Loading Human Review Chapter 1 – Space Themed VR Role Playing (PSVR/Rift/Vive)

Untold Games released its science fiction virtual reality adventure game Loading Human Chapter 1 on the Oculus Rift, Playstation VR and HTC Vive. It’s a story driven game that puts you into the shoes of young astronaut Prometheus who is called to an Antarctic research base by his dying father in a quest to unravel the complexities of life and death.

Let’s just forget the story for now because essentially when you play the game you’ve really got to experience it yourself first hand. You effectively live the role of Prometheus rather than sit back and let events unfold before you. Perhaps the VR medium might be a little jarring for some people but the bottom line is you’re stuck there in the base with just your dying father and the rather sassy genetics expert Alice for company, not forgetting the AI who controls the base’s systems and offers pointers if you need and hand, and boy you certainly will.

There’s perhaps two ways to look at this game-cum-experience and that is on one hand it does a great job of putting you there via its interactions with inanimate objects and key items, dialogue with the characters and perception of the world around you. On the other hand as a game there’s just possibly one too many niggles which bring the whole experience crashing down where the player really has to work unnecessarily hard to perform the most simplest of tasks.

Looking at the positives and Untold Games has done a magnificent job of allowing players to fully interact with objects in the world making great use of the VR motion controls. In fact it has to be stated that this game is ideally played with the Move controllers as the Dual Shock 4 is just too problematic especially when attempting to highlight objects. You can grab items in each hand inspect them and even use both hands to manipulate objects – so for example, you can hold a lighter in one hand and use it to ignite a candle in the other or grab a record and pull it out of its sleeve before placing on the record player. It feels very much like you’re actually performing the action yourself which is incredibly immersive. The game is filled with many actions which in other games might be deemed mundane, but in VR the novelty mostly holds your interest and just makes you feel part of the game world rather than an observer simply pressing a button to instigate an automated process. Here you actually have to press buttons on walls, type on keyboards, push and pull and it feels great.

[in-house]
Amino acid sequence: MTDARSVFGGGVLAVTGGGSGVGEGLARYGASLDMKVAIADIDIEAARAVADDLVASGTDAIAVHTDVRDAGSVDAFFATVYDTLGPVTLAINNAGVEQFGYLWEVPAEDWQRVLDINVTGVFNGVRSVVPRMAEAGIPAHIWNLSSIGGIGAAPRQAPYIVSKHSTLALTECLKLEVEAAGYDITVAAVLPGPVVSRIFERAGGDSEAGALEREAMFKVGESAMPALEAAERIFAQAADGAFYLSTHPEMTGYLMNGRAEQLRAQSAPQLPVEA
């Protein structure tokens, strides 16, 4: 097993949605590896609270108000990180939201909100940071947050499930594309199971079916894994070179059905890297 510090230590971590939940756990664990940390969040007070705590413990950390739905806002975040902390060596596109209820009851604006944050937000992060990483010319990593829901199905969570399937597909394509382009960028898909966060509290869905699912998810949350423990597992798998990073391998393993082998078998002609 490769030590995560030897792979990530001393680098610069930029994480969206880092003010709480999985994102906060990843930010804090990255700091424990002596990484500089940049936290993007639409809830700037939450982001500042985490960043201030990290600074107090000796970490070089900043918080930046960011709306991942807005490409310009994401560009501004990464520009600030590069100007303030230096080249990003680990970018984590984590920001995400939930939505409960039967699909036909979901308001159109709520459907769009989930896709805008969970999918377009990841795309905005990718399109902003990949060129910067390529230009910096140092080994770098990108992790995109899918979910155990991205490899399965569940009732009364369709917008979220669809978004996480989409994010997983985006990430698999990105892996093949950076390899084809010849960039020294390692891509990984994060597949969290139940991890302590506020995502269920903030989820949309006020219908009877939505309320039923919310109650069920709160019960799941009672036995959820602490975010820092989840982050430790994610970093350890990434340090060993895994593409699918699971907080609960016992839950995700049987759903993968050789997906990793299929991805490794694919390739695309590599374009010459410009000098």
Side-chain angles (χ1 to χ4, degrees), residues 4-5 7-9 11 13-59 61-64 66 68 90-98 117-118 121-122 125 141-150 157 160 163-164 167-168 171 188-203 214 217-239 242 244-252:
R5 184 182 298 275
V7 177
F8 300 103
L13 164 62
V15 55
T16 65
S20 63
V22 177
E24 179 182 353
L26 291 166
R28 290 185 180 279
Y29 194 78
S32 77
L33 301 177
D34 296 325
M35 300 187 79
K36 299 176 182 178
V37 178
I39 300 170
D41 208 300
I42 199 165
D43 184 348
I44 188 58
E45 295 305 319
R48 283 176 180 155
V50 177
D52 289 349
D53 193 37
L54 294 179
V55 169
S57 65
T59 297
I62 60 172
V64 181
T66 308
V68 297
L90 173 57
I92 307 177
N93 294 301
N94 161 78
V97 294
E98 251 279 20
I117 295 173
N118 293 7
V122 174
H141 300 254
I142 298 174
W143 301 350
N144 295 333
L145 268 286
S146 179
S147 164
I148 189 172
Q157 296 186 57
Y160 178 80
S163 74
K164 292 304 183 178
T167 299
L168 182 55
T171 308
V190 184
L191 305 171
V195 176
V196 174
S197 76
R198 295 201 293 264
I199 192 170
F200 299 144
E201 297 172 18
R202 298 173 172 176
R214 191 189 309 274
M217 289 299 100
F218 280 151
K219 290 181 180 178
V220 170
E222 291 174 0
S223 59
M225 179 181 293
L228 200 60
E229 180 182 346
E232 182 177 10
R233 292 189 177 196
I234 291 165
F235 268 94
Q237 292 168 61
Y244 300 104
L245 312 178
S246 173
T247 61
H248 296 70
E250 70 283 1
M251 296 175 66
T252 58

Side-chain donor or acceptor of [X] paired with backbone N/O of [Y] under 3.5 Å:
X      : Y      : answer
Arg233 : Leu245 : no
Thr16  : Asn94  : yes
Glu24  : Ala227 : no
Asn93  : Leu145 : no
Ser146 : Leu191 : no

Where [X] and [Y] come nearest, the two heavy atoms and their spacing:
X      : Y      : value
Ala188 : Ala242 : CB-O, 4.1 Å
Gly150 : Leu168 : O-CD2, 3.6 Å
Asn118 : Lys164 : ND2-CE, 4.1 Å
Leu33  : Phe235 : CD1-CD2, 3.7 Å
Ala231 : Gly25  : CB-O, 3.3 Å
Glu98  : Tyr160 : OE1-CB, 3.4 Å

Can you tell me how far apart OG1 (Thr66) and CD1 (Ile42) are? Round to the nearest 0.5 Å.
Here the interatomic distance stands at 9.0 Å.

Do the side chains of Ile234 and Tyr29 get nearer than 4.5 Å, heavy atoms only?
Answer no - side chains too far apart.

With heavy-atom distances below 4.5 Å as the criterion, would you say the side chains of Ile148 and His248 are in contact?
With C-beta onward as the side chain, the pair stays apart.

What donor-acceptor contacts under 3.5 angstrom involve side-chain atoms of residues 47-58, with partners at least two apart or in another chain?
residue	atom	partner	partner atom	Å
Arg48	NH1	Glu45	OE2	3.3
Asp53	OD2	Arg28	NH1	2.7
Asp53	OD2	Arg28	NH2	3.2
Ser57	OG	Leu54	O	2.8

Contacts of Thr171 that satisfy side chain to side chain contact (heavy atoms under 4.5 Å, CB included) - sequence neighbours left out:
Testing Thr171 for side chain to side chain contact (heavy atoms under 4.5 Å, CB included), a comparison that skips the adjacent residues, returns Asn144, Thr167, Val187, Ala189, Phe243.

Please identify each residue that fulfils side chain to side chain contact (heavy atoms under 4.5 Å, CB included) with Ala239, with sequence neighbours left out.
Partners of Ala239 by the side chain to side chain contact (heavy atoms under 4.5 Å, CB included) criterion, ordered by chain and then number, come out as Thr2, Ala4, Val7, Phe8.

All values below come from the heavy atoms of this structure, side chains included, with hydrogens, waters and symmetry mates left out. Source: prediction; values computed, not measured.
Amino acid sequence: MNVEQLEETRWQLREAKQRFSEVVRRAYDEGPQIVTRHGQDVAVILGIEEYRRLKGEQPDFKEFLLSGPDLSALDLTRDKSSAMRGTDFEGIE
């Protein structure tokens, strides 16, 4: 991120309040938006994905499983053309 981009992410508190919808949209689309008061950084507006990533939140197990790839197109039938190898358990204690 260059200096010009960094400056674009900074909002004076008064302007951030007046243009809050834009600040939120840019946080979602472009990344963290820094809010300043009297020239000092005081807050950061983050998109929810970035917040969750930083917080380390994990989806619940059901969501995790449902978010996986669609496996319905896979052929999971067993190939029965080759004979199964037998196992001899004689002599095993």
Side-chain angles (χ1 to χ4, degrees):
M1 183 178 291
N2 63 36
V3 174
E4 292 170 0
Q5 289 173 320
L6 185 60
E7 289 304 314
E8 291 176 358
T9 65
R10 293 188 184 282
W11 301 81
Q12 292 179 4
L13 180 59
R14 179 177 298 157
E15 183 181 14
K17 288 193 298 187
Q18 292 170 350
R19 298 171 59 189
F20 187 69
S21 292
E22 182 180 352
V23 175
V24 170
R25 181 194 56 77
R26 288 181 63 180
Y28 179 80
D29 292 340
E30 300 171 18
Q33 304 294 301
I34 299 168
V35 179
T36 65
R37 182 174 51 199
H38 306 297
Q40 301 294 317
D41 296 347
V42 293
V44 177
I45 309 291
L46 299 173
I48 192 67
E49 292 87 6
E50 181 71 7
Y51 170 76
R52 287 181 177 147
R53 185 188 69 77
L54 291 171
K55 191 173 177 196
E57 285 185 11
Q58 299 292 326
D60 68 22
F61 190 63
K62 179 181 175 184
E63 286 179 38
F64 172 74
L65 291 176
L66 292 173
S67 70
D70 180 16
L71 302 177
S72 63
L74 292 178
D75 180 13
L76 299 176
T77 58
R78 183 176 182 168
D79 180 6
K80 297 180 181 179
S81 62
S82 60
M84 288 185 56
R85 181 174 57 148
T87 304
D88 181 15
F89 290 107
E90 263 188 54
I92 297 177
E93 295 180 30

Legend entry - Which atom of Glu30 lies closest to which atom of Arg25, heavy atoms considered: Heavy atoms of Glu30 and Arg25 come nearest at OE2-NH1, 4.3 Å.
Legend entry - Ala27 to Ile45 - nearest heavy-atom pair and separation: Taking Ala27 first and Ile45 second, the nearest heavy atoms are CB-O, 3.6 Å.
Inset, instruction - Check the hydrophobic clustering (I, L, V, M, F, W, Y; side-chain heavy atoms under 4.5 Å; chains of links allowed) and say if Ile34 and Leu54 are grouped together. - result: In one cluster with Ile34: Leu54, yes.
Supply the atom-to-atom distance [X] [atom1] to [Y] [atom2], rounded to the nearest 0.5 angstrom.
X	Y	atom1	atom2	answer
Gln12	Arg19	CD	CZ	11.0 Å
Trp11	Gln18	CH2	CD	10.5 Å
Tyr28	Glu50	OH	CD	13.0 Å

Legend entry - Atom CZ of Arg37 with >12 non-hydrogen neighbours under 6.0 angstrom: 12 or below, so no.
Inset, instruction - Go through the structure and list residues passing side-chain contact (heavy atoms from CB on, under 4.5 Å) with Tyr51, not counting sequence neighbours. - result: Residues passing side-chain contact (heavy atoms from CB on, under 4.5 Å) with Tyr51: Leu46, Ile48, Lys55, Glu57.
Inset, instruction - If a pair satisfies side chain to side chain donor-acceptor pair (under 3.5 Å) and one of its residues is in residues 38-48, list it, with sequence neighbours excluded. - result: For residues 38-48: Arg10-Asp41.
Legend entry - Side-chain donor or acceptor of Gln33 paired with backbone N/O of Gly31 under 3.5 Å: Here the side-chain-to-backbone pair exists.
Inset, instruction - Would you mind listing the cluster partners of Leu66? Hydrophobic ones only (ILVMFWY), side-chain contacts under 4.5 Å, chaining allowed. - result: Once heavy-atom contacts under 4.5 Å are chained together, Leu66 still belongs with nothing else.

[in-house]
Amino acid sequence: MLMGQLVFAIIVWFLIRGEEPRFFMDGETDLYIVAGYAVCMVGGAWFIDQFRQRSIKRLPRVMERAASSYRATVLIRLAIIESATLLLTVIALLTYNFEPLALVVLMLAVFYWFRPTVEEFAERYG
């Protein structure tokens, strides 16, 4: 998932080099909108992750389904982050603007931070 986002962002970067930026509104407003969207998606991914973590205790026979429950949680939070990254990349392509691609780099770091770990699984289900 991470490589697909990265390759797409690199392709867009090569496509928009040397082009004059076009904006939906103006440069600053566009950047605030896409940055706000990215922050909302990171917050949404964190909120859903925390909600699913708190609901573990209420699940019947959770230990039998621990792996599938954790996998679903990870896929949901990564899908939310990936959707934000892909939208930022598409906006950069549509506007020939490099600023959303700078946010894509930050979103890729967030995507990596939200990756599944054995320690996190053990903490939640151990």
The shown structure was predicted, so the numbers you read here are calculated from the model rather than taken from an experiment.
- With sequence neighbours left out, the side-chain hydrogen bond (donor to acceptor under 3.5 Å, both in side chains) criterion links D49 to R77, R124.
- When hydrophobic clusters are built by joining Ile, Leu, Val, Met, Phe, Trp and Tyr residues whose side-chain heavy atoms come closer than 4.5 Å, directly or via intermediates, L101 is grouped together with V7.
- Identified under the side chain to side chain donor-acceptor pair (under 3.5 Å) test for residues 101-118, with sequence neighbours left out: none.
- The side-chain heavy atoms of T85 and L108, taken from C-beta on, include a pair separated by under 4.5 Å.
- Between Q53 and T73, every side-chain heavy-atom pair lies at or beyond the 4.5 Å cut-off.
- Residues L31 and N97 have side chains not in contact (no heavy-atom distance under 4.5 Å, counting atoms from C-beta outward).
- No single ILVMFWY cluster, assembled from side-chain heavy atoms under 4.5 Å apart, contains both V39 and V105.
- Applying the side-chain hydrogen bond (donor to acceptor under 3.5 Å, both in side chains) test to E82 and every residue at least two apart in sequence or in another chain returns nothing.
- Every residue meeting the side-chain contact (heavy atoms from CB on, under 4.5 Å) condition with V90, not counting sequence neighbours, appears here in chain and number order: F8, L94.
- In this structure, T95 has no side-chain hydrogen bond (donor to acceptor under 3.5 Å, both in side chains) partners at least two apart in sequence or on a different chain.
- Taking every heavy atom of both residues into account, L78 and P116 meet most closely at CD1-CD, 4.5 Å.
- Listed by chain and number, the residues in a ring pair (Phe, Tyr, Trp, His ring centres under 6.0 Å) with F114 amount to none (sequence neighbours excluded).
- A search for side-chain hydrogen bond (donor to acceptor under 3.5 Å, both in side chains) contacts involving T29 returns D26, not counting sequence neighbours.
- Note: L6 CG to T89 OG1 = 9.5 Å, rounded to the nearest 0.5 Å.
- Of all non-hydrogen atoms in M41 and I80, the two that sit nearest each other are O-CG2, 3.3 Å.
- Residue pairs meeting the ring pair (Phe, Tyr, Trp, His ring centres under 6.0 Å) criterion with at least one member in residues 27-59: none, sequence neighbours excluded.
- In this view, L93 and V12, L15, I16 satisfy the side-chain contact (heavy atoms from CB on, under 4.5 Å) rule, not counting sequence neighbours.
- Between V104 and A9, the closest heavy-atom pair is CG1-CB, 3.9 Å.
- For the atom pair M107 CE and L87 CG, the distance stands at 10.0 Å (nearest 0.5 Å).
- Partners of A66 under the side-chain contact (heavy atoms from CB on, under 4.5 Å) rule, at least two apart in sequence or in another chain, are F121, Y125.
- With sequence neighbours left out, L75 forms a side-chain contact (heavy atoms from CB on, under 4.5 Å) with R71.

There are a few puzzles thrown in as well which have you reconstruct scenes based on your knowledge of what’s happening around you. There’s a bit of trial and error here but does make for a change of pace. In fact, there are several moments throughout the story which put you in completely new scenarios such as shooting asteroids in a mini-game and piloting a craft through hoops. But these moments don’t make up the bulk of the game.

Sadly it’s not all rosy though and there are cracks and chinks in the armour. The most notable issue is with the controls themselves. Whilst the Move controller works extremely well in terms of tracking the players hands and interacting with objects at eye level (when set up correctly) the lack of proper movement controls with the Move makes it fiddly at best. It’s very hard to move forwards and turn accurately and for things like crouching and interacting with objects dropped on the ground is quite cumbersome and sometimes impossible which breaks immersion. In some ways a combination of Move in one hand and the Dual Shock 4 in the other (to handle the movement) could have been a solution in the absence of Sony making an updated Move controller with thumb-sticks on each of them. If supported Oculus Touch controllers for the Rift won’t have this problem.